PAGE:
Architecture of firmware defines the life cycle of a product. What initially starts as a simple product could expand into many subprojects and quickly devolve into a portfolio of products. And all of these products could be derived from the same initial code base. So having a monolithic code base as the initial code will bog down execution and delay product launches and thus their viability. This clearly shows the need for having a modular architecture for the firmware that will allow for a quicker and easier expansion and thus adoption.
Now that we have set the tone for modularity in firmware, let us look at the key attributes that need to be maintained for achieving this effectively:
- Gross function modularity – There are several gross functions in a system like server hardware initialization through system BIOS, server health management through Baseboard Management Controller function, Chassis Health Management in case there are shared resources at the chassis level with multiple server nodes, and Rack level management of the resources at the rack level.
- Fine function modularity – Within each of the gross functions mentioned above, modularity needs to be emphasized in their respective code architecture. Instead of one single application that has several lines of codes without any boundaries, defining different modules with well-defined boundaries, clear responsibilities, and protocols for the exchange of data is essential.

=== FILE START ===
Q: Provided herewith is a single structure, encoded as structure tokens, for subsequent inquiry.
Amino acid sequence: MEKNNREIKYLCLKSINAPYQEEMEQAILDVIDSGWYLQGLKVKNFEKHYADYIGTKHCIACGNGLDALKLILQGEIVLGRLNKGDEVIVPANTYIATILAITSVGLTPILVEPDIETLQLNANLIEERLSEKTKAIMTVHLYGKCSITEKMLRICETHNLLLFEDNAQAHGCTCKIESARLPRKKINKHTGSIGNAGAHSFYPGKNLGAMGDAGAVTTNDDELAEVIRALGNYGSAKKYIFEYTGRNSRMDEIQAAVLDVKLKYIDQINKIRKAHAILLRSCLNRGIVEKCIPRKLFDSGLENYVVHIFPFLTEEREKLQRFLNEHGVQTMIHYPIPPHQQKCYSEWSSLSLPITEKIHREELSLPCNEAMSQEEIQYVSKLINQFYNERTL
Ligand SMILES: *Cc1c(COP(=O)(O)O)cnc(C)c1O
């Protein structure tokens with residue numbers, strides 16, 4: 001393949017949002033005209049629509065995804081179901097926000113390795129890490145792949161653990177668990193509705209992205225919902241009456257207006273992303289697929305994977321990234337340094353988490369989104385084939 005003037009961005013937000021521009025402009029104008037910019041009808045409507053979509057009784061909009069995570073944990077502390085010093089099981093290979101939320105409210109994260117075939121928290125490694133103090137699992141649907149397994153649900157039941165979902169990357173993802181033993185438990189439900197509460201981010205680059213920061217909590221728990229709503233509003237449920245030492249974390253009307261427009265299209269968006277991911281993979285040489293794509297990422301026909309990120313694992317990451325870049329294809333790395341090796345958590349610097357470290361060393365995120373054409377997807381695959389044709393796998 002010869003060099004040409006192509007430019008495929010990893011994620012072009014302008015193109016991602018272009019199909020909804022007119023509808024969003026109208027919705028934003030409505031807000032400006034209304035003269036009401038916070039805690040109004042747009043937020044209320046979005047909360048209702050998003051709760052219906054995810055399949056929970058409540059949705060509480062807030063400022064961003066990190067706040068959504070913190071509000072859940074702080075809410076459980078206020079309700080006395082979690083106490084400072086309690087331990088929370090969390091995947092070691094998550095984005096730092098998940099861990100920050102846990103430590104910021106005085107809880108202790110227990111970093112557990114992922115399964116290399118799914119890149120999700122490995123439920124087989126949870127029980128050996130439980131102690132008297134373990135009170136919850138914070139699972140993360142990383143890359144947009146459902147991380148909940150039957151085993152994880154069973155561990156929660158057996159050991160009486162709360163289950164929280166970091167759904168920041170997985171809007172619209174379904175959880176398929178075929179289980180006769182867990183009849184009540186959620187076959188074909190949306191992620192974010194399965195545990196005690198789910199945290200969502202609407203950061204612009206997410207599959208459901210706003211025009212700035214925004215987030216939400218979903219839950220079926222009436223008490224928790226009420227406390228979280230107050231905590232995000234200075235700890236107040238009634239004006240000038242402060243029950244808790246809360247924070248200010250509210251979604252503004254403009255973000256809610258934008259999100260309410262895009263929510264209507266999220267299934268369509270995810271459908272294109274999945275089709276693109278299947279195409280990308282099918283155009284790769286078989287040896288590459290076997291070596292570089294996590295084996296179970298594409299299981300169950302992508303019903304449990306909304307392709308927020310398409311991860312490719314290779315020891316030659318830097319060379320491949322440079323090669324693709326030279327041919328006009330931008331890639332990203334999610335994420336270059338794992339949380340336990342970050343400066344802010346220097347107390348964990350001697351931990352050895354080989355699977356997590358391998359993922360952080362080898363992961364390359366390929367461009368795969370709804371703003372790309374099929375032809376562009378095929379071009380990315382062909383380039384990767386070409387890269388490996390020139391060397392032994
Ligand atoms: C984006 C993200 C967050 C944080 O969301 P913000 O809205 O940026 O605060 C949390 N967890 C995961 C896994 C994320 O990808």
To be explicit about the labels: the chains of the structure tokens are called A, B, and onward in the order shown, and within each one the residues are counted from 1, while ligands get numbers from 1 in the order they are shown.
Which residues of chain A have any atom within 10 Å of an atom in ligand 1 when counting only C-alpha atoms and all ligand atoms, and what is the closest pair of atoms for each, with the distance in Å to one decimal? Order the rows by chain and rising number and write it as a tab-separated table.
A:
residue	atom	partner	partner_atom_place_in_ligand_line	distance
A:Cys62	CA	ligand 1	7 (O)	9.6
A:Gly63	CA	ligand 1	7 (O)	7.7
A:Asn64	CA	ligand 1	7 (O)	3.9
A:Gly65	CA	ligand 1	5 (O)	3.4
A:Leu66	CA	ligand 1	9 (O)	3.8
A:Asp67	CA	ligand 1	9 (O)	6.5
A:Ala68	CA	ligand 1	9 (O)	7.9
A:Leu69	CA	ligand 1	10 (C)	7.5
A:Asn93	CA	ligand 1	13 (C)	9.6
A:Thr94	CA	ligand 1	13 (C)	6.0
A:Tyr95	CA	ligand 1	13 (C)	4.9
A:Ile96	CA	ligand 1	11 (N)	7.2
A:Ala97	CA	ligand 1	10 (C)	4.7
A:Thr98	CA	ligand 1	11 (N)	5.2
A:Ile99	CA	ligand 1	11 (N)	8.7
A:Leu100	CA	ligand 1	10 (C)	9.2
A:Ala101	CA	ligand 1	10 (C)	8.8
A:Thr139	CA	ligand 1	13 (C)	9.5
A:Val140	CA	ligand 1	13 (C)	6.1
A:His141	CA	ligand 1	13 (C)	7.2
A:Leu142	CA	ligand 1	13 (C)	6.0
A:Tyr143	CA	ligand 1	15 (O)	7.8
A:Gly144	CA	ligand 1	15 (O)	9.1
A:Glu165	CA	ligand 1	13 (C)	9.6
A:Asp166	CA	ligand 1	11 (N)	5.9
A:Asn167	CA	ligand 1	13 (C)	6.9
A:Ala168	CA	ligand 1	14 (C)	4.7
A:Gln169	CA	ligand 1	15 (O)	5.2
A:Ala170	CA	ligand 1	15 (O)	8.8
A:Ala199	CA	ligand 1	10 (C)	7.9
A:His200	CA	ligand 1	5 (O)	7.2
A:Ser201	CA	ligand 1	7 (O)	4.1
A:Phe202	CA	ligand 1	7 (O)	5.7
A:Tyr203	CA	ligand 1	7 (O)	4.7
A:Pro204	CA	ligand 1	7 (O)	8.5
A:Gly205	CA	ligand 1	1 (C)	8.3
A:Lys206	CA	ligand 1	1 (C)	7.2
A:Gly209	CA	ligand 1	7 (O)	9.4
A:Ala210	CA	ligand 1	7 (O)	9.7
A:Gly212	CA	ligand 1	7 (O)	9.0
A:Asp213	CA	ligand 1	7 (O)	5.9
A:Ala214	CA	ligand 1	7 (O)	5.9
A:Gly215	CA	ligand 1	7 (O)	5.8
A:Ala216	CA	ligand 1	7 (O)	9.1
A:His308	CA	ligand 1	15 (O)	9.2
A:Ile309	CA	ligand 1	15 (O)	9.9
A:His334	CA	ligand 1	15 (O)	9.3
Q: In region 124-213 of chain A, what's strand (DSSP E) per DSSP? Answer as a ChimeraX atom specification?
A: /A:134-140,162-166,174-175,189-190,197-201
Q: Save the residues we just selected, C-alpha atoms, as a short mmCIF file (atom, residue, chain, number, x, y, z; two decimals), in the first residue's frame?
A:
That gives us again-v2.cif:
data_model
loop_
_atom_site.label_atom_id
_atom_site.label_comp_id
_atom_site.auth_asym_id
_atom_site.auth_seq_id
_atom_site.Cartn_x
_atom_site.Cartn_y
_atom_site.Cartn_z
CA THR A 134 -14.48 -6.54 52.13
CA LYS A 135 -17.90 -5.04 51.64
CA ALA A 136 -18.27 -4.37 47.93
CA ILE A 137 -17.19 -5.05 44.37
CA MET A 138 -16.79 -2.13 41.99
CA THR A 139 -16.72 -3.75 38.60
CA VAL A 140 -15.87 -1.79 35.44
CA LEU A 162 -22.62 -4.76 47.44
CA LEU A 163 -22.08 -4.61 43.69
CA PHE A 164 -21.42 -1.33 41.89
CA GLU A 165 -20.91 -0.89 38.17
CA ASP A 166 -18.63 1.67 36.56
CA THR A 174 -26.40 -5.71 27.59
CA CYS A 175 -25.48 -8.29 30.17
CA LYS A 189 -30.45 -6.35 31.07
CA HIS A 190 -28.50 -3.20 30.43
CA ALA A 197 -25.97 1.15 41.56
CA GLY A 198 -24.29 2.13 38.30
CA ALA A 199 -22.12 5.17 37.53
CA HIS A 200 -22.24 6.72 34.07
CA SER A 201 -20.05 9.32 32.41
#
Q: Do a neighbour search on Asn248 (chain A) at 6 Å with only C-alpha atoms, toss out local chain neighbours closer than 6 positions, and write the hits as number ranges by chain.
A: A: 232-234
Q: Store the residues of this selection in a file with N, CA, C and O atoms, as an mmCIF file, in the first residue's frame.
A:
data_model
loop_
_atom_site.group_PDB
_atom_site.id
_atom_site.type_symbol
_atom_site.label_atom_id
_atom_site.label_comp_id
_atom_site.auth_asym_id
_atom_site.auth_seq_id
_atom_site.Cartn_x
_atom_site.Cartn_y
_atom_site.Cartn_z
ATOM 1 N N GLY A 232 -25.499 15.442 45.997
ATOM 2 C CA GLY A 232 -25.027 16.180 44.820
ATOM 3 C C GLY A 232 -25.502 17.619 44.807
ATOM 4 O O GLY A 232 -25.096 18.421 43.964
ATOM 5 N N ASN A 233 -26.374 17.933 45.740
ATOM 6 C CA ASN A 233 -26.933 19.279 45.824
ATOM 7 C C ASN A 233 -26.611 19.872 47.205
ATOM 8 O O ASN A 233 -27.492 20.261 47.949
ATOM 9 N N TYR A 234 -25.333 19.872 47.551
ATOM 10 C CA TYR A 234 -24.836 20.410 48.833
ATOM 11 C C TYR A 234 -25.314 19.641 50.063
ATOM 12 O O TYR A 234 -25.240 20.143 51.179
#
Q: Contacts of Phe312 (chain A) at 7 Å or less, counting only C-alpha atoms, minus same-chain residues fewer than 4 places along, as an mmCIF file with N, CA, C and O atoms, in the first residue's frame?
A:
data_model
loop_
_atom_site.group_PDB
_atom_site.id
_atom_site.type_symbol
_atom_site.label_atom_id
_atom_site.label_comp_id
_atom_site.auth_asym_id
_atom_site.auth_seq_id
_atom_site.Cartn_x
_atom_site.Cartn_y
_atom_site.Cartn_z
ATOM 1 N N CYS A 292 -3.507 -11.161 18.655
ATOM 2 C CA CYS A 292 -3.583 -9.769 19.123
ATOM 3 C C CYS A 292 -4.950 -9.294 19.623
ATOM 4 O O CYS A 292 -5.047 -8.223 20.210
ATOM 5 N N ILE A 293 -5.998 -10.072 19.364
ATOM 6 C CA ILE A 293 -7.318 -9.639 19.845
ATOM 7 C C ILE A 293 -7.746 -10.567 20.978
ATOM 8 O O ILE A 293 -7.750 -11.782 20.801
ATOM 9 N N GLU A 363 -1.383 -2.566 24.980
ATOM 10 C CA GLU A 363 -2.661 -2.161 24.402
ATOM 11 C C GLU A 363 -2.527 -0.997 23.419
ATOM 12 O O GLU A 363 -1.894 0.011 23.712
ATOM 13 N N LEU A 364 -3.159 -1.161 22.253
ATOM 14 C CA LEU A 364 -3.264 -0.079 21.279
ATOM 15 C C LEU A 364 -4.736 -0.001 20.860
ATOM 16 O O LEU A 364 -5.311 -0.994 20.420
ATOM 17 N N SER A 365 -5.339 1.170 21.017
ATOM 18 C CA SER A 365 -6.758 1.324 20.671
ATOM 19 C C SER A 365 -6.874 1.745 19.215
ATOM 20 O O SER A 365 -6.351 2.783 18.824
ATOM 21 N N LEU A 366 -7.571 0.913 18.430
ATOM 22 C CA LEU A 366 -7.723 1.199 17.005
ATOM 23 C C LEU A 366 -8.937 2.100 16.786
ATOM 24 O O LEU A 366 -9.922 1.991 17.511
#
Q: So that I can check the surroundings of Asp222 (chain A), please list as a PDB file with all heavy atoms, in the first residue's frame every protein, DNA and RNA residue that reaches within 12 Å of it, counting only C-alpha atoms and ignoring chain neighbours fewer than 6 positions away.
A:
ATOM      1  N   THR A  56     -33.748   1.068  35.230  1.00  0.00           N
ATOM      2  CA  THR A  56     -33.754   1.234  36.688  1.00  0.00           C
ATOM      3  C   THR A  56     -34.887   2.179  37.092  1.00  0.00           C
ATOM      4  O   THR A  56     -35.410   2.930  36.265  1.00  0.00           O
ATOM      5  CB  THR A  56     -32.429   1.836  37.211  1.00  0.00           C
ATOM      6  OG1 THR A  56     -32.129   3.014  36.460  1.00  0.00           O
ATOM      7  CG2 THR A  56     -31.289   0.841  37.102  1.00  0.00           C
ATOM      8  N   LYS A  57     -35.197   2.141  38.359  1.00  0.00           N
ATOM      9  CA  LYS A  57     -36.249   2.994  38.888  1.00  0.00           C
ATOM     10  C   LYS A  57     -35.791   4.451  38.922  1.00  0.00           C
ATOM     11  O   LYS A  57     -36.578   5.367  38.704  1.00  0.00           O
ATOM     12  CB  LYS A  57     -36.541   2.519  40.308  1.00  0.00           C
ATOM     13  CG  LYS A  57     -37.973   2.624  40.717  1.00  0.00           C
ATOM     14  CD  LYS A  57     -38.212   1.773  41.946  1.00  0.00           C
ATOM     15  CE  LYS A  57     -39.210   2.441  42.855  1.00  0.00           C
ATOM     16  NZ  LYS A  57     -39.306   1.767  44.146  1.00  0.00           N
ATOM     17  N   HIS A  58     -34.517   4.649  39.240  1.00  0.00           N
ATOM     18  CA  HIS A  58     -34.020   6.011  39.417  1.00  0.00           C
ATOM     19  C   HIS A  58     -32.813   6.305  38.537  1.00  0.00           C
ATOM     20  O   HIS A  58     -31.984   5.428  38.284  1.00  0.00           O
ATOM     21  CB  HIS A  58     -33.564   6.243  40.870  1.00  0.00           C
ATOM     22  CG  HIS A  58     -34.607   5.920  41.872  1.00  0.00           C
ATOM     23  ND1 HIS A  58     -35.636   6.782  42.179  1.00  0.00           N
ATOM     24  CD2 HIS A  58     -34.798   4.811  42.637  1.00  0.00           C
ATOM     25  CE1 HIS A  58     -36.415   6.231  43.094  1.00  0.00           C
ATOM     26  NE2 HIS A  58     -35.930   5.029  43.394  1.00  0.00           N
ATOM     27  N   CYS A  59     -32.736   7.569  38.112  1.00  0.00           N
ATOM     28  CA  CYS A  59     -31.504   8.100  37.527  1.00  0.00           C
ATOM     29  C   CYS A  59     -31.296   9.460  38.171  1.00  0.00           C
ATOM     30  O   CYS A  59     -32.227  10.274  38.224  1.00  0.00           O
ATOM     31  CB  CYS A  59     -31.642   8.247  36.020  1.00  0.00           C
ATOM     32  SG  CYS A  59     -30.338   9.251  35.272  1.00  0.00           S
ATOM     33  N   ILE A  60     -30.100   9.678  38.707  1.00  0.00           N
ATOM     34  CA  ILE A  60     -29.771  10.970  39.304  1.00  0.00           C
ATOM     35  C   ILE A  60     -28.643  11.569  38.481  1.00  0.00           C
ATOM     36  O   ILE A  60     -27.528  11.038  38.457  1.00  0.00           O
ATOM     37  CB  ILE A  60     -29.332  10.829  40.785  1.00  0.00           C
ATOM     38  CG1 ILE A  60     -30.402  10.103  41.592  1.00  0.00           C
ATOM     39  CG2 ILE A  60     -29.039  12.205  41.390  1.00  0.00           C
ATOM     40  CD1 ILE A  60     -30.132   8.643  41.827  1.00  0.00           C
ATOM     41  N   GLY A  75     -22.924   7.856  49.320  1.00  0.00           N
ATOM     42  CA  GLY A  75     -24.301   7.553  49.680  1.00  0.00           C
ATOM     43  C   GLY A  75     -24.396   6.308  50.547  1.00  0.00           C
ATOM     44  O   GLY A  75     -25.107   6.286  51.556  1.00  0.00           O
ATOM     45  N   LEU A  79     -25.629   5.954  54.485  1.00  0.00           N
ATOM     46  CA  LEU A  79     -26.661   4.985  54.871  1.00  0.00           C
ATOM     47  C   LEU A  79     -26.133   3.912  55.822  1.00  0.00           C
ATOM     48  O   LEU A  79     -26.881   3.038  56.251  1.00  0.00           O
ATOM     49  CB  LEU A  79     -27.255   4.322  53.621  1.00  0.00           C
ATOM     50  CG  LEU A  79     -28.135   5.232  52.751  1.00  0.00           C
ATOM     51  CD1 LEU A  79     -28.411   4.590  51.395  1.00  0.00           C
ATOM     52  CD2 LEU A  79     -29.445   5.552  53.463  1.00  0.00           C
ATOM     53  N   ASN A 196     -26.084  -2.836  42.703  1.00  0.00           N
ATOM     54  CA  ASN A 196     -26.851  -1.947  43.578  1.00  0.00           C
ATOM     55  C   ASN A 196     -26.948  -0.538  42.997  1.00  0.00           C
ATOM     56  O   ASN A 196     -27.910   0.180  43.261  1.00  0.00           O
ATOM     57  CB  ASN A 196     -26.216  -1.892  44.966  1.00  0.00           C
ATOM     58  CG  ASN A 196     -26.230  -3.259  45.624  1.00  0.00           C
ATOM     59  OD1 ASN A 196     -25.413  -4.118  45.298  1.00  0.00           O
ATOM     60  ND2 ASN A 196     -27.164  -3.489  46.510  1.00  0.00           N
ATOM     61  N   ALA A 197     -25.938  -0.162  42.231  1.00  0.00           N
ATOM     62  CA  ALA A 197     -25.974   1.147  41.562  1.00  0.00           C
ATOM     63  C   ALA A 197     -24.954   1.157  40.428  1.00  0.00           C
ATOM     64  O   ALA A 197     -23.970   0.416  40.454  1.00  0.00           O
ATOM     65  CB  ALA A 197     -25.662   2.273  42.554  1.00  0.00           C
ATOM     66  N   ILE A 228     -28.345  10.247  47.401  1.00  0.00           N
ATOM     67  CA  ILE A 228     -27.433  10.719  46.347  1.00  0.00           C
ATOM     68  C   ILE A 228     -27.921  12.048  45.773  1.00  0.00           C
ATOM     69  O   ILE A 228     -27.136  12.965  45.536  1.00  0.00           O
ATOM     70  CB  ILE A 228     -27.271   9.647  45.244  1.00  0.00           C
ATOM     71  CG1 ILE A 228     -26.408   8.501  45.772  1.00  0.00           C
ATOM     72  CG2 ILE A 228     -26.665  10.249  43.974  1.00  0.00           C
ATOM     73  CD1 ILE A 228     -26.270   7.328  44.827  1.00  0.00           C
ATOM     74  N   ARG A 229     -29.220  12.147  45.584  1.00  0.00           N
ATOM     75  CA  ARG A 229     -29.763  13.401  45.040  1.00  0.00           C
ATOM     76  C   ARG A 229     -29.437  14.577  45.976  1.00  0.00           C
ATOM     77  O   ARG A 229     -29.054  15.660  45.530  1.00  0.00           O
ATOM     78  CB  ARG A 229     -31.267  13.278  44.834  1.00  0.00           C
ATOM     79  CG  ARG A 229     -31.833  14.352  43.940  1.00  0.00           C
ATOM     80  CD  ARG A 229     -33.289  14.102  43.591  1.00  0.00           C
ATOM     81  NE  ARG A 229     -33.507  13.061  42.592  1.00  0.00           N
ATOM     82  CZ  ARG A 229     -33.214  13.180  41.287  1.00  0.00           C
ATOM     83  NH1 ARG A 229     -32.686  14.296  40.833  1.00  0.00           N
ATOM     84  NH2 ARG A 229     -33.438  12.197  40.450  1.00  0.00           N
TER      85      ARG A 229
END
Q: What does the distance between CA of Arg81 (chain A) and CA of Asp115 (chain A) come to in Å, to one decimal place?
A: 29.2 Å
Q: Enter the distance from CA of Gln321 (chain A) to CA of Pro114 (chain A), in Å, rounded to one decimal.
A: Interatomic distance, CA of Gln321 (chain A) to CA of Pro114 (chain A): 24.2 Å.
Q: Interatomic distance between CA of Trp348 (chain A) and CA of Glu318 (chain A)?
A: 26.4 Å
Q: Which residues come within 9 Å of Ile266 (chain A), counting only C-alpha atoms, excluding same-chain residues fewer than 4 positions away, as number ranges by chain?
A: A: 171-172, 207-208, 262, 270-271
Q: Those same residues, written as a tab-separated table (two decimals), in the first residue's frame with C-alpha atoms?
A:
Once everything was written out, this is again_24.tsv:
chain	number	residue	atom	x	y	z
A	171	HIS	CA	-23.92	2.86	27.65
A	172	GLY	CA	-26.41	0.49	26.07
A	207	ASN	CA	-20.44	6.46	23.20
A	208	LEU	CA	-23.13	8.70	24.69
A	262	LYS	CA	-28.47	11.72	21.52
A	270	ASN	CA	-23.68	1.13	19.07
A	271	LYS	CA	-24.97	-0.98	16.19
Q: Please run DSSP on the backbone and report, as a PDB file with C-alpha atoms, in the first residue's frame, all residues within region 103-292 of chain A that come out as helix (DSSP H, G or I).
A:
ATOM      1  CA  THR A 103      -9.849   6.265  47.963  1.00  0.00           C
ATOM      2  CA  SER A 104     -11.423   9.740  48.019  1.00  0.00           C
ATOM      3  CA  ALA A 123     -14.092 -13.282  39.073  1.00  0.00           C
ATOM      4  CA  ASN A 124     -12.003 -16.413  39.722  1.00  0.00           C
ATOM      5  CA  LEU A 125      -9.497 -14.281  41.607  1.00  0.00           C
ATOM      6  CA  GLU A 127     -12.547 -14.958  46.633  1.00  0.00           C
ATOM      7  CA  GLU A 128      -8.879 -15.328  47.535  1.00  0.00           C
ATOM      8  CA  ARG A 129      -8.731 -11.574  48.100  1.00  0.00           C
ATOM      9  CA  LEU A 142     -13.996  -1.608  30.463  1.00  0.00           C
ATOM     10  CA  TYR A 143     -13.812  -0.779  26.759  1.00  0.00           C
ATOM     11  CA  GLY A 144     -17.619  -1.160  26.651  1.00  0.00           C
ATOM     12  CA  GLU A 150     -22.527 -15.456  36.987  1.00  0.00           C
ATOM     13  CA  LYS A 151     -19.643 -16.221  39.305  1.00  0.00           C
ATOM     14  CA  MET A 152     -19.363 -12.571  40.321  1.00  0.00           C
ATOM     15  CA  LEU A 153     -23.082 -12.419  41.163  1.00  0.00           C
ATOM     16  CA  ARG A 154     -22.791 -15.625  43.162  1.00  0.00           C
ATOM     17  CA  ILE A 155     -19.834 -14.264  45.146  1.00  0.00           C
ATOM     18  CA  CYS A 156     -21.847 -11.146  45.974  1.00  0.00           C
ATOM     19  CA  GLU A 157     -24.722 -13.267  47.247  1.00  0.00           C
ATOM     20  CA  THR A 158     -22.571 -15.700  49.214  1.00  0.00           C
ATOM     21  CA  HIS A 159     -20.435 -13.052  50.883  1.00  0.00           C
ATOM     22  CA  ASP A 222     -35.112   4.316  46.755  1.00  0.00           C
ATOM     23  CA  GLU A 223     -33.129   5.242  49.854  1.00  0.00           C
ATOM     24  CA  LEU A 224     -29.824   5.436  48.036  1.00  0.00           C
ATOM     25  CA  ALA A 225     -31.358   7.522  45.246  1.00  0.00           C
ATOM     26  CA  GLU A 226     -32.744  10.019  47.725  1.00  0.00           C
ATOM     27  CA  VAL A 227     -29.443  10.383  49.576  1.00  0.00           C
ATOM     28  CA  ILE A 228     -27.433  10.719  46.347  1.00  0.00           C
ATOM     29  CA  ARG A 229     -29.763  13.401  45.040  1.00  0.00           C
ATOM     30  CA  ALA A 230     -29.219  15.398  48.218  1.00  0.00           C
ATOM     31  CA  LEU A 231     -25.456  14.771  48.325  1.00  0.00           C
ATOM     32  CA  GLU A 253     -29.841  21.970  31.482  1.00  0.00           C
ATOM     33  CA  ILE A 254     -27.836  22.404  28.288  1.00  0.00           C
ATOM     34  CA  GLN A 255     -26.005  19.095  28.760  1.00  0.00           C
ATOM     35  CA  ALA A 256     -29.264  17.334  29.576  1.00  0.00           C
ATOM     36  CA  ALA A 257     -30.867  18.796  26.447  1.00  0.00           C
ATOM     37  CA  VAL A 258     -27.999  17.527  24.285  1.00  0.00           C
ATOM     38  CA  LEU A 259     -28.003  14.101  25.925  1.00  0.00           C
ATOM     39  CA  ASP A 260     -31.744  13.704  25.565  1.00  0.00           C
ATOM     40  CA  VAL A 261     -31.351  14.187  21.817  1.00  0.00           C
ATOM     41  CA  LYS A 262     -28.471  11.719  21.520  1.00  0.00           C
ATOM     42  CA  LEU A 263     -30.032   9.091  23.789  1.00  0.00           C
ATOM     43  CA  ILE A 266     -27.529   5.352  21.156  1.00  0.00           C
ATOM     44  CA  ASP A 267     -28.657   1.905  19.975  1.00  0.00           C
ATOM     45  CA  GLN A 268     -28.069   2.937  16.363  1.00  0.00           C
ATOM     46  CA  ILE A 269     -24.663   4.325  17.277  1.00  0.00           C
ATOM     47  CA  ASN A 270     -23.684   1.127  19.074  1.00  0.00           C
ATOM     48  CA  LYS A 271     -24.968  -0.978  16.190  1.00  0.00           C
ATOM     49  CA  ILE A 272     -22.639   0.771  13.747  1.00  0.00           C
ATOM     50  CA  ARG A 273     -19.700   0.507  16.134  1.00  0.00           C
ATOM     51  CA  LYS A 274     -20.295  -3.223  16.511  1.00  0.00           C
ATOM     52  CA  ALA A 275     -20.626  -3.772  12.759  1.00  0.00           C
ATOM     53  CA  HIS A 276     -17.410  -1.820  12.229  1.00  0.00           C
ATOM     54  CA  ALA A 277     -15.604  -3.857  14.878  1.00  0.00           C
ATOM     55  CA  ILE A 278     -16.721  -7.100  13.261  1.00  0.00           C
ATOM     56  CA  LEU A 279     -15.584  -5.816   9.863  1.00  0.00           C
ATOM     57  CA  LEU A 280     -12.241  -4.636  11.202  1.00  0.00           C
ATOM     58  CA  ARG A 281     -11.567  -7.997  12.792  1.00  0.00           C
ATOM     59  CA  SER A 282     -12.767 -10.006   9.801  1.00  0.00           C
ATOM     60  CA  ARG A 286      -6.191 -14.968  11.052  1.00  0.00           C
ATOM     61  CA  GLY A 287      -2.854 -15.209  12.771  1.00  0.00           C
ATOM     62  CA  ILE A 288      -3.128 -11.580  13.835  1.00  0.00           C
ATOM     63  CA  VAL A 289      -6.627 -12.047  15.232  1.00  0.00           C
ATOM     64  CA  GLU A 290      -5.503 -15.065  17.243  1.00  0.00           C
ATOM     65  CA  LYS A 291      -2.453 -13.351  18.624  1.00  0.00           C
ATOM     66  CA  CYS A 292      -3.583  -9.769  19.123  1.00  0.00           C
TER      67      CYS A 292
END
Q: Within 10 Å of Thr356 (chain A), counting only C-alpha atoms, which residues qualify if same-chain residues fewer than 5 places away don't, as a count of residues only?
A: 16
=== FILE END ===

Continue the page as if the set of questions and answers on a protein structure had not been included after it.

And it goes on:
- Dependency – While defining in modules is key, making sure that there is low coupling or dependency between the modules is also essential. What this means is that the architecture need to be planned up front taking into account compile and run time dependencies between the different defined modules and necessary coding methods needs to be applied so they are kept to a minimum. If this rigor is not adhered during the design process, it will lead to redundant code bases and thereby increased time, cost, and eventually leads to excess waste.
In Linux Foundation OpenBMC for example, there are many different system services including sensor monitoring, redfish, web server, ipmi, etc, that are managed by Systemd. While each system service is to enable a special feature, they might share some libraries with other services, but they also maintain their independence to each other.
- Encapsulation – How and who accesses each modules needs to be clearly defined using encapsulation rules. Encapsulation allows for accessing data from a particular module without knowing the internal details of a module. It restricts any arbitrary access of data from other modules that do not have the necessary privilege access rights. Thus use of encapsulation in the architecture reduces the impact of changes in one module to others.
- Extensibility – Extensibility is the ability to add a new feature to the application in a seamless and low touch approach. If features are implemented as firmware modules, that adhere to the principles of modularity, low dependency, and encapsulation, then it is easy to add a new feature.
In Linux Foundation OpenBMC for example, Encapsulation and Extensibility is achieved through D-Bus. Process A is responsible for updating some sensor reading to D-bus and Process B checks if there is any abnormal reading from D-Bus and takes action.